Changing negative thought patterns is for me one of the most difficult aspects of non-violence. One of my new mantras has become compassion, non-judgment and forgiveness towards others and myself.
Every time negative thoughts pop up, I repeat these words to myself. This really helps to diffuse any negativity and it brings my mind back to the present moment.
Satya means truthfulness i.e. speaking your truth but without hurting others. Since truth is only relative and one person’s truth may not be valid for the other person, it is important to consider the impact of speaking your truth. If speaking your truth will hurt others, then it is better not to speak at all. We must always consider ahimsa before we decide to speak our truth.
According to the Mahabharata, the words of the person who always speaks the truth will have great power. Whatever this person says will manifest in reality.
As explained in The Heart of Yoga by T.K.V Desikachar, the actions of one who speaks the truth will always be consistent with their speech.
Although we should only speak pleasant truths, we should also always refrain from lying. A person accustomed to lying needs to have a very good memory because they need to remember what lie they have told to which person and for what purpose so as not to loose their reputation.
This heavy burden of always being alert with your words will eventually take a toll on your relationships because one day the liar is bound to forget and get into trouble.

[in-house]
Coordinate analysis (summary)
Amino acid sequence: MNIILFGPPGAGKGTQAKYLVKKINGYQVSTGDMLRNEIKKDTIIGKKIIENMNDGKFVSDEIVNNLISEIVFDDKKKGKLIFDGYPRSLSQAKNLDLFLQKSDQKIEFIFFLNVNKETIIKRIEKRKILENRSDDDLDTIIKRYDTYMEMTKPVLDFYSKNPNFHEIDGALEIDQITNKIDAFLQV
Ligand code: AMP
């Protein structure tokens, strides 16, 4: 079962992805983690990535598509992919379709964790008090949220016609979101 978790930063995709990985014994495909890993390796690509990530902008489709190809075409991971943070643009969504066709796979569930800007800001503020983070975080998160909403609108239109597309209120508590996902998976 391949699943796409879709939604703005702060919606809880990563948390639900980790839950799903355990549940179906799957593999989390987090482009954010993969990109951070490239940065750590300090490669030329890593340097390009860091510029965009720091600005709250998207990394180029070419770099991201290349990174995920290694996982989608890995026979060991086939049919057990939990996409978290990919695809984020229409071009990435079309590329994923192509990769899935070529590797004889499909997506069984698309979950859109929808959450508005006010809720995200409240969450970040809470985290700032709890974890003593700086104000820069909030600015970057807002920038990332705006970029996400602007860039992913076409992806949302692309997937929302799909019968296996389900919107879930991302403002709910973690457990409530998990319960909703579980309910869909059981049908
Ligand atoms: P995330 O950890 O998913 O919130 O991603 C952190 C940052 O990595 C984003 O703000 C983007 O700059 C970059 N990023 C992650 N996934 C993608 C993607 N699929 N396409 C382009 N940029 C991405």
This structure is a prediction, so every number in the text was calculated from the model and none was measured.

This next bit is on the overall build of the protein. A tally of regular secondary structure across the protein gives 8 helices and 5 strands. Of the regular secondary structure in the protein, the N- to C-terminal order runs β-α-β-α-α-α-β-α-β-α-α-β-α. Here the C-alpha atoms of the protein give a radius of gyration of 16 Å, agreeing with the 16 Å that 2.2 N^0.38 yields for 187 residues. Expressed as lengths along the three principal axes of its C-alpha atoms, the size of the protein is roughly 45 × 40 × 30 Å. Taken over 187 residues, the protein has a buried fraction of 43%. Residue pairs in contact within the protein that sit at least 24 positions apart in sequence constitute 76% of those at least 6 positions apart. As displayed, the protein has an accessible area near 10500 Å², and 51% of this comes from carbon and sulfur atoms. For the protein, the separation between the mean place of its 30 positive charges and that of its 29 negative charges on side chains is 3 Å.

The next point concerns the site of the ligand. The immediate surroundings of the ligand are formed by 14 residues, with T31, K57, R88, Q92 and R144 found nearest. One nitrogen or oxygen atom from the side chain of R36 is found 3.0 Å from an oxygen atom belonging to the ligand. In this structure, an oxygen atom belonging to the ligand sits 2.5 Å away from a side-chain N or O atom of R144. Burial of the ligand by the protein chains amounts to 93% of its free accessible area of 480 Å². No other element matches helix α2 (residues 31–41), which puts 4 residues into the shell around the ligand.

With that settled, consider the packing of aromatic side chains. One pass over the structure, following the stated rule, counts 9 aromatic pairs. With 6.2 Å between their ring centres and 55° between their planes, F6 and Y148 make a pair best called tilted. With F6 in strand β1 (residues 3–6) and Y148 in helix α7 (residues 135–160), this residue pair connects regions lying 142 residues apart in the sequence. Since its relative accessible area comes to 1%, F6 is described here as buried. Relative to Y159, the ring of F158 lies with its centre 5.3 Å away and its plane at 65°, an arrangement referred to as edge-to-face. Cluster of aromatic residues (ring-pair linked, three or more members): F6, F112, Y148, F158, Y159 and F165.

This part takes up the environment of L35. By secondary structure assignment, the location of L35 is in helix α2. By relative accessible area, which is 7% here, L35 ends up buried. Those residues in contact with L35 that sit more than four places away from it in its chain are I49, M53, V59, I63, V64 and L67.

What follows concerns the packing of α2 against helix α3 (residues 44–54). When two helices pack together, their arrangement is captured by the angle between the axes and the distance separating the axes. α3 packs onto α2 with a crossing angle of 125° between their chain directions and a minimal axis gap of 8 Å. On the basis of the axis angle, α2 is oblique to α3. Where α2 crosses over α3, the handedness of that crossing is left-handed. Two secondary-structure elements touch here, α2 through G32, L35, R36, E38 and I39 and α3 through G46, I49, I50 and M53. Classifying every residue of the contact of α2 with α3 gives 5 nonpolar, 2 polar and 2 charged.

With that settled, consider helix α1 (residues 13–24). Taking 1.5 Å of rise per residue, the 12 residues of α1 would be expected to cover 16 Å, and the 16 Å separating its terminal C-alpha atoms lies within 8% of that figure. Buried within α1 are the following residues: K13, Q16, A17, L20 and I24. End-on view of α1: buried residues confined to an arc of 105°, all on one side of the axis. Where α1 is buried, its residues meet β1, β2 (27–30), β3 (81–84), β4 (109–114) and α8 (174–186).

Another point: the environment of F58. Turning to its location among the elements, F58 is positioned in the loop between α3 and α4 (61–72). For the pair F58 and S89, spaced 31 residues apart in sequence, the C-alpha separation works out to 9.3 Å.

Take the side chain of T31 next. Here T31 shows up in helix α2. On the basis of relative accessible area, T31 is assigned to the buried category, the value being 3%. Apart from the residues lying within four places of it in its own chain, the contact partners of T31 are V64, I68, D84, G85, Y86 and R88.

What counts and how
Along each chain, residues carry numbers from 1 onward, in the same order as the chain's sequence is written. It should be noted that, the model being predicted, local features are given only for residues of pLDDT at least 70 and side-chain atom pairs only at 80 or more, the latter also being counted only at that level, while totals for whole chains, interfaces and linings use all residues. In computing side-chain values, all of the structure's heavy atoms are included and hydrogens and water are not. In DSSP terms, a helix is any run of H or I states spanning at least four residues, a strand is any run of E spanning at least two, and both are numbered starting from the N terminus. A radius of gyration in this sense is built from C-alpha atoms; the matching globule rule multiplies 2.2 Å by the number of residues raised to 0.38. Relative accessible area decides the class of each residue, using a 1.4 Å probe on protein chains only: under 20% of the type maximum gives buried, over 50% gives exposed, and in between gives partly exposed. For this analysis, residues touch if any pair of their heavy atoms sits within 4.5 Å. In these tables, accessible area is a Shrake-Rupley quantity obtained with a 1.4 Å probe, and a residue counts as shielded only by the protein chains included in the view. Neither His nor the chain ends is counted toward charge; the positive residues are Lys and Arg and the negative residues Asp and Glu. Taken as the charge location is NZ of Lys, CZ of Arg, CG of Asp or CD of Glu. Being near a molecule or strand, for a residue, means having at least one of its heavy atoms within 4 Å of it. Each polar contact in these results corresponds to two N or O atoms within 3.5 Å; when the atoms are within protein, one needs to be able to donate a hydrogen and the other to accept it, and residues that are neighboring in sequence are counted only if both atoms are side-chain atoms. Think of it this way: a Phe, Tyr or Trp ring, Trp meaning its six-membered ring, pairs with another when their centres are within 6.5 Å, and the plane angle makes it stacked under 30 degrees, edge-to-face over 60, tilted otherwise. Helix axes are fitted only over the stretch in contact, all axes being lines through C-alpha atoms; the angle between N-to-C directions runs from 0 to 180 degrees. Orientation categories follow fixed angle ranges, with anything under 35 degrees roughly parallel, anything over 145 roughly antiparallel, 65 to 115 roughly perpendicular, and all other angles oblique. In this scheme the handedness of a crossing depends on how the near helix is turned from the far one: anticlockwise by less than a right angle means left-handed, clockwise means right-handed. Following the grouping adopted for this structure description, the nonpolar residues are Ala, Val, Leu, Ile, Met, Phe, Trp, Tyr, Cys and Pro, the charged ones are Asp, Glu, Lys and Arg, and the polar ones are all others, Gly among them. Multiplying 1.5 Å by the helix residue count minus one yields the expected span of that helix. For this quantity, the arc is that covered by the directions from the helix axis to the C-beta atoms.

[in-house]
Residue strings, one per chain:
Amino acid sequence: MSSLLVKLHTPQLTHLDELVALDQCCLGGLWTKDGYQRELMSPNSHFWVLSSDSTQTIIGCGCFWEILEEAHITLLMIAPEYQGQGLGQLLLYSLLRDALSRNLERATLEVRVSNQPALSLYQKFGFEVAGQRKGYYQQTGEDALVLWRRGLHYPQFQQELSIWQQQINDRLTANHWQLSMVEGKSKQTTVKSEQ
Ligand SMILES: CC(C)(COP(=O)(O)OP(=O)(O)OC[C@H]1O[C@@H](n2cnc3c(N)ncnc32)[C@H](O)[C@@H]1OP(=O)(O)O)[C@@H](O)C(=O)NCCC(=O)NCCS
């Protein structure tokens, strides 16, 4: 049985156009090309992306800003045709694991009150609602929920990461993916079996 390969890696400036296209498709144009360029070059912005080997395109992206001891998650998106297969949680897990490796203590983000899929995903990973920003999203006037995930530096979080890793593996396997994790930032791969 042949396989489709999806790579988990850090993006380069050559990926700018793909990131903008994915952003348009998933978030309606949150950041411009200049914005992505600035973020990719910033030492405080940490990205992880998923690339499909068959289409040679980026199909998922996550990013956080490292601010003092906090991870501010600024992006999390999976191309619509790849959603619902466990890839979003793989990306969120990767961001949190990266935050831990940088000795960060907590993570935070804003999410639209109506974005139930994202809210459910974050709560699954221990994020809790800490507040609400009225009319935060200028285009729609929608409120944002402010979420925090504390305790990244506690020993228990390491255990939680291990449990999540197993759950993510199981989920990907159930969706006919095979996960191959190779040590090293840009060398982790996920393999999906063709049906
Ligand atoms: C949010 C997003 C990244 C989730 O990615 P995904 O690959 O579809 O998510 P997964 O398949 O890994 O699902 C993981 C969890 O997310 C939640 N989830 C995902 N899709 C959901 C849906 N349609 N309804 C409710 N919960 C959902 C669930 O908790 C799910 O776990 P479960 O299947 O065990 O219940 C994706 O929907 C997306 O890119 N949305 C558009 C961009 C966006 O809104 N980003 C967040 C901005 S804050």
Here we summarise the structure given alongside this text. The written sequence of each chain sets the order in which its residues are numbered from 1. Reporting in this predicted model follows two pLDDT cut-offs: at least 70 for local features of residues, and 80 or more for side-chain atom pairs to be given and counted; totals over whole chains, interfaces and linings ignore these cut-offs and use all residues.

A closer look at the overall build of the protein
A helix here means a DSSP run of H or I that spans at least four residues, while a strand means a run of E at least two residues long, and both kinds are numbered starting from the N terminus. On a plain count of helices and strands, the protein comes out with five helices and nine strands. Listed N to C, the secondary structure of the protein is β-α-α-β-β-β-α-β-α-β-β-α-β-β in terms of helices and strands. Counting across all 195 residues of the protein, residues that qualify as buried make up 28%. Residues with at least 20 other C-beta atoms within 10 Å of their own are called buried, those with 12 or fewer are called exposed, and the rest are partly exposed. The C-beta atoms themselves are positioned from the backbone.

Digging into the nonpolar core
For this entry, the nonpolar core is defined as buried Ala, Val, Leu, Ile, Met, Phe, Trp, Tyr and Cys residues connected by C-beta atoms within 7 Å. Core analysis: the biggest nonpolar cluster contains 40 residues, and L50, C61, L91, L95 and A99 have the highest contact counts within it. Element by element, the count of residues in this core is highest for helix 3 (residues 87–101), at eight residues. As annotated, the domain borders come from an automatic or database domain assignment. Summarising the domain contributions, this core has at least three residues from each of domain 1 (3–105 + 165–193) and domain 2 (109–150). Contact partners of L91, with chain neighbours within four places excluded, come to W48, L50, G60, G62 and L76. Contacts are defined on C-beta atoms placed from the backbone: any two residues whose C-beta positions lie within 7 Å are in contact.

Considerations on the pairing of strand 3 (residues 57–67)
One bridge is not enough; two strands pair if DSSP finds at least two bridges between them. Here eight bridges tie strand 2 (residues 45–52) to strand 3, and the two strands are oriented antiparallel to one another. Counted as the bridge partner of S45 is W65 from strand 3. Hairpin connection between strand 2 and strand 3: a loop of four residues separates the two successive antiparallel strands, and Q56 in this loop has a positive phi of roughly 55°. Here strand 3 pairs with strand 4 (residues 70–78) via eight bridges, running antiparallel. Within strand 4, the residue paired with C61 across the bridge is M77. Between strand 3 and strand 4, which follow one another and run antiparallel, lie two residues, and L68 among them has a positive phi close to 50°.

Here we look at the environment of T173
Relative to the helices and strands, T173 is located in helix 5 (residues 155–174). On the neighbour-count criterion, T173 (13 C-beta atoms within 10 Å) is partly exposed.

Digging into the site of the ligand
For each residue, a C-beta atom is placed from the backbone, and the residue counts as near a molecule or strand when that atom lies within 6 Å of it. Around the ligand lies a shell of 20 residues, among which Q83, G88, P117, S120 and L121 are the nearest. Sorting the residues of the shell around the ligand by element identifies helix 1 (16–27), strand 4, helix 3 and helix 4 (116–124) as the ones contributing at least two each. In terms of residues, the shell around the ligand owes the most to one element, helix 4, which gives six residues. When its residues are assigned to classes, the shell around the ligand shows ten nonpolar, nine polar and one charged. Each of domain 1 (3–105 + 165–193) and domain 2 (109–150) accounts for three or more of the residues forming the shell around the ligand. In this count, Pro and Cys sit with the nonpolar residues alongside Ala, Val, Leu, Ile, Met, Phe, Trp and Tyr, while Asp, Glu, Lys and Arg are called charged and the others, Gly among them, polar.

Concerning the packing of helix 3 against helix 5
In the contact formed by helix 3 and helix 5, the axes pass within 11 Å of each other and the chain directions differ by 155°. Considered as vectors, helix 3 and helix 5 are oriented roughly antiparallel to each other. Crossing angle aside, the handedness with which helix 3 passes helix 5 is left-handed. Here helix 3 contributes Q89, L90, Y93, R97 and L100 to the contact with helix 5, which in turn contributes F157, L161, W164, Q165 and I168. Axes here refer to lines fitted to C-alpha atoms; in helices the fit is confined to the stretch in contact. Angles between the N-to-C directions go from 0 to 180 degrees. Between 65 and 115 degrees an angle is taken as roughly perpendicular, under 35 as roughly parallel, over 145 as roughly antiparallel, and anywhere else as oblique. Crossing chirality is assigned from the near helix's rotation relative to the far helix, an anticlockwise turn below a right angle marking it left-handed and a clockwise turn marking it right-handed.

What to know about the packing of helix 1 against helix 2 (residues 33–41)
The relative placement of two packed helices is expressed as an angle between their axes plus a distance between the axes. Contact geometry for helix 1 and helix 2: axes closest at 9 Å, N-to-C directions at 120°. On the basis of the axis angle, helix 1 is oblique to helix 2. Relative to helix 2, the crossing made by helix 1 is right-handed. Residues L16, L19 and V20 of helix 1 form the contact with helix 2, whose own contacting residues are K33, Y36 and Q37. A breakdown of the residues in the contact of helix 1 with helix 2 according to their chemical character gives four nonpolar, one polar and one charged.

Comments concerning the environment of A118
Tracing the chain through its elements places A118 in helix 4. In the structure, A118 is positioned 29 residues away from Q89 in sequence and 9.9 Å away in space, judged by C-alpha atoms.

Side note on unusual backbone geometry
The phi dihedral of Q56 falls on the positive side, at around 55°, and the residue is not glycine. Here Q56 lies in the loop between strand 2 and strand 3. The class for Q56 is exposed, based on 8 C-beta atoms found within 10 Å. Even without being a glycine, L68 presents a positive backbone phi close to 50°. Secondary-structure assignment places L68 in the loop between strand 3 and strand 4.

We do not have to have a perfect memory if we always speak the truth. A person who always speaks the truth will have a childlike quality of lightness and joy in their dealings with others. They will be open and have nothing to hide.
Asteya means not stealing or taking things that do not belong to us. It can also mean not claiming to deserve things that we have not worked for. Even being envious of what others have could be considered stealing. We should also not take advantage of others especially when we are in the position of power and the other is weak.
It is not asteya when we make people wait for us when we are late. Wasting other people’s time, is stealing their time. If we claim too much of a person’s time, we may be stealing time from other people that need their time.
Some books translate Brahmacharya as self-control or sexual abstinence. In The Heart of Yoga by T.K.V Desikachar, Brahmacharya does not have to be complete abstinence rather it is control of sexual desires and refraining from promiscuity. It is especially important for a spiritual seeker not to waste too much energy on the pursuit of sexual pleasures. This time and energy could be better spent on practicing Yoga.